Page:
SOFR: Key Characteristics & Hedge Accounting Impacts

As many of our readers already know, SOFR (Secured Overnight Financing Rate) has been selected by the Alternative Reference Rates Committee of the Federal Reserve to replace LIBOR in 2021.

LIBOR represents the rate member banks borrow from each other, while SOFR represents a “secured” interest rate index, meaning it has no credit risk component. The most common use for LIBOR in hedge accounting is a 1- or 3-month rate, and SOFR is priced as an overnight interest rate index.

In this blog, we review how the SOFR index has reacted in the credit markets during times of stress, some of the characteristics of the benchmark, the likelihood of SOFR to replace LIBOR and how hedge accounting may be impacted by rate reform.

Challenges of SOFR

#1. Pricing in Crisis

LIBOR is — was — not a very good index. This is because the price was determined by polling, not actual transactions.

However, it still had some merit because as liquidity tightened, LIBOR rates increased, and when credit markets relaxed, so did LIBOR. This pricing mechanism was useful in the marketplace because it reflected (or nearly reflected) the cost of funds on a credit adjusted basis.

SOFR is completely different since it is secured by treasuries (collateral). During a crisis, the flight to quality actually reduces the SOFR interest rate—exactly when rates should be rising.

In September 2019, the SOFR interest rate surged because of liquidity concerns. Demand for excess reserves increased at a time when reserves were in short supply, causing the SOFR rate to spike up to nearly 6 percent when 1-month LIBOR was near 2 percent. So, in times of credit crisis, SOFR may get priced too low, and at other times, when treasuries increase too quickly, it can spike in the overnight market. While these peaks and valleys show volatility in the index, it is also true that the daily rate is averaged and the peaks and valleys were brief.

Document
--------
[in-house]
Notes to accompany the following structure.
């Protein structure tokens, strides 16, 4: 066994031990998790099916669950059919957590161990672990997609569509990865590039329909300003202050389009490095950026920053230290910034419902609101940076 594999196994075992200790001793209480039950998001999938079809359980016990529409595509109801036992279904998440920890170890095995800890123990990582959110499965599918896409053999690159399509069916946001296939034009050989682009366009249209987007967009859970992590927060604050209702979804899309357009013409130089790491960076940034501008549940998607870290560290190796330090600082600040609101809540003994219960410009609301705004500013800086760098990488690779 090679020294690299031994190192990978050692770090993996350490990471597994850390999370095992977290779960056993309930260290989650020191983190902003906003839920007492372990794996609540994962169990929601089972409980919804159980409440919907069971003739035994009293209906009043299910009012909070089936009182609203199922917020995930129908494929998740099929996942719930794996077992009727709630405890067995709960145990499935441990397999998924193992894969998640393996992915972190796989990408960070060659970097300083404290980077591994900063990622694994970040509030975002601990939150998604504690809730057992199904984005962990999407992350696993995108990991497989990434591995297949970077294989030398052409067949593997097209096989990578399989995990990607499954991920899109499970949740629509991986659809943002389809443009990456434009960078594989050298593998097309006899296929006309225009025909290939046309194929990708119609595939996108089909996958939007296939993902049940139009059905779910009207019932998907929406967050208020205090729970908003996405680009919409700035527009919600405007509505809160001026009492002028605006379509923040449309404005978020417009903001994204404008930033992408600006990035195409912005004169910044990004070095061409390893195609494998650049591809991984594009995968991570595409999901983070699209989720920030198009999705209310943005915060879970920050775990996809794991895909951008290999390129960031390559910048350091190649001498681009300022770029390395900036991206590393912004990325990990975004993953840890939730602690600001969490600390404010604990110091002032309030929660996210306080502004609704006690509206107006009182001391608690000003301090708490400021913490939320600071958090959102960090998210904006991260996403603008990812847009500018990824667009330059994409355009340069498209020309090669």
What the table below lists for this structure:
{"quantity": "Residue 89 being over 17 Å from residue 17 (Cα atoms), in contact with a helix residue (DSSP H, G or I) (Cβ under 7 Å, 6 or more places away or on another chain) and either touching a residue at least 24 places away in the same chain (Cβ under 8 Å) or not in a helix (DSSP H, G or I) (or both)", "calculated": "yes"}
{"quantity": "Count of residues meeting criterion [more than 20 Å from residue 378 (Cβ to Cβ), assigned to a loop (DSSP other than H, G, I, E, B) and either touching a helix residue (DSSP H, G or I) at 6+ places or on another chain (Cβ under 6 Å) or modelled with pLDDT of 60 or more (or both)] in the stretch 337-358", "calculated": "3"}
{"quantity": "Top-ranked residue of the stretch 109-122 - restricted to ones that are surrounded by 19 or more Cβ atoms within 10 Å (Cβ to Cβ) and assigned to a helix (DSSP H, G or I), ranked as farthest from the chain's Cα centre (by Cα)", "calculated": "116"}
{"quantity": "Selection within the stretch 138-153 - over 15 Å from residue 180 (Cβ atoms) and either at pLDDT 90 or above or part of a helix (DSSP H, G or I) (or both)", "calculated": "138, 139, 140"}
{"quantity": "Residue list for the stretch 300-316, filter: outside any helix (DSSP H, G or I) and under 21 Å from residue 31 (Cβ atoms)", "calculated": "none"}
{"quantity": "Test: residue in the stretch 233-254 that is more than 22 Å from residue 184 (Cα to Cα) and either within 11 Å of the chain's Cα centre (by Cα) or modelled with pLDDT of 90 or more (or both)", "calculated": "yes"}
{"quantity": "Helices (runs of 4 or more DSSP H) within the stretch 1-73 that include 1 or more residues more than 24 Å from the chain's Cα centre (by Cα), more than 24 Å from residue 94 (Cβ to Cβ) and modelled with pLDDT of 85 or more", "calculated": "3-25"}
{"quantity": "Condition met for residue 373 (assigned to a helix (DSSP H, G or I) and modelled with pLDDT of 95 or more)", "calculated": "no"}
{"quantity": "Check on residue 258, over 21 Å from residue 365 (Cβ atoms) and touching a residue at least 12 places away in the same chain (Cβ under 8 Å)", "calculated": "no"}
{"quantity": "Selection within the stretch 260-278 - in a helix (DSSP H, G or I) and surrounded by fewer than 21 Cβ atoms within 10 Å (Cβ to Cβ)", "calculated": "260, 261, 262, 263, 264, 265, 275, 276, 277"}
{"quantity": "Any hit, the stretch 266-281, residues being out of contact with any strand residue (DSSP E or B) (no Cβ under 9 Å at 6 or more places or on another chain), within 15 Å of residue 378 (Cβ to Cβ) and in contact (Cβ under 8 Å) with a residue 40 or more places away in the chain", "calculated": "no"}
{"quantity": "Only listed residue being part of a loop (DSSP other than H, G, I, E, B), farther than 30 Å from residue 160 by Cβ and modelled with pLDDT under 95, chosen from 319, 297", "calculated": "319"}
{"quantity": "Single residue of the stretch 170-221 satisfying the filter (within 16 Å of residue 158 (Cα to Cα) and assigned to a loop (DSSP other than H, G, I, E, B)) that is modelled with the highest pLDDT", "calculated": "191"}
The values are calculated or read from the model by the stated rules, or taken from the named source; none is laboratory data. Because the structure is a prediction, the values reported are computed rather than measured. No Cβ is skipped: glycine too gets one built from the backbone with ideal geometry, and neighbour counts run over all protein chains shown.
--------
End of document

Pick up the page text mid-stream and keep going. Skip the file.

#2. Creating a Credit Adjusted Lending Rate

Another challenge for the SOFR rate is knowing how to add an appropriate spread to create a credit adjusted lending rate. In times of low volatility, the credit adjusted lending rate might not be too hard to derive. But what happens when the markets are shocked by current events such as oil at -$37 a barrel, Fed Funds at 0%, or a pandemic that reduces lending to only the most creditworthy borrowers? A static credit spread won’t do the trick, and some banks don’t believe a dynamic credit spread approach will work any better over time.

A Case For Alternative Indexes

Some argue that we could see several new “indexes” becoming more relevant to the credit markets. Indexes such as AMERIBOR are like an unsecured version of SOFR and provides information about the cost of funds for unsecured overnight lending. Rates like these may more closely reflect the true cost of borrowing in the real world. Some lenders want AMERIBOR and other indexes to be added as benchmark reference rates by the FASB.

SOFR: The Likely Reality

The reality is that SOFR has a very high probability of becoming the next benchmark interest rate, replacing LIBOR as the most quoted and used index in the credit market. That means the recent market dips and spikes that have already occurred in SOFR will need to be worked out—and they will be. As more and more participants begin to use the new reference rate, the market for this product will grow, mature and even the credit spread conundrum is expected to be worked out over time.

Hedge Accounting Impacts

Benchmark interest rates limit the ability of hedgers to hedge certain interest rate risk and apply hedge accounting. Cash flow hedgers won’t be impacted as severely by reference rate reform as fair value hedgers because as long as the cash flow hedge relationship demonstrates a highly effective relationship, a cash flow hedge can hedge any contractual interest rate.

It’s different for those looking to apply fair value hedge accounting. Fair value hedgers must adjust the hedged item based on changes to the risk being hedged, and the most favorable results use a benchmark interest rate. That means the benchmark choice matters a lot.

Conclusion

At this time, SOFR looks likely to replace LIBOR as the new reference rate. And while the current SOFR market lacks a long- dated yield curve, credit component and market volume, it is supported by the Federal Reserve as the new benchmark reference rate.

The market still has time to work out some of the recent kinks before 2021, and lessons learned from the current COVID-19 and oil price-related shocks should help develop some needed maturity in this market.

At Hedge Tackers, we are following this change as it unfolds so that interest rate risk hedgers can successfully navigate the end of LIBOR.

If you need any help organizing your LIBOR transition, contact our team.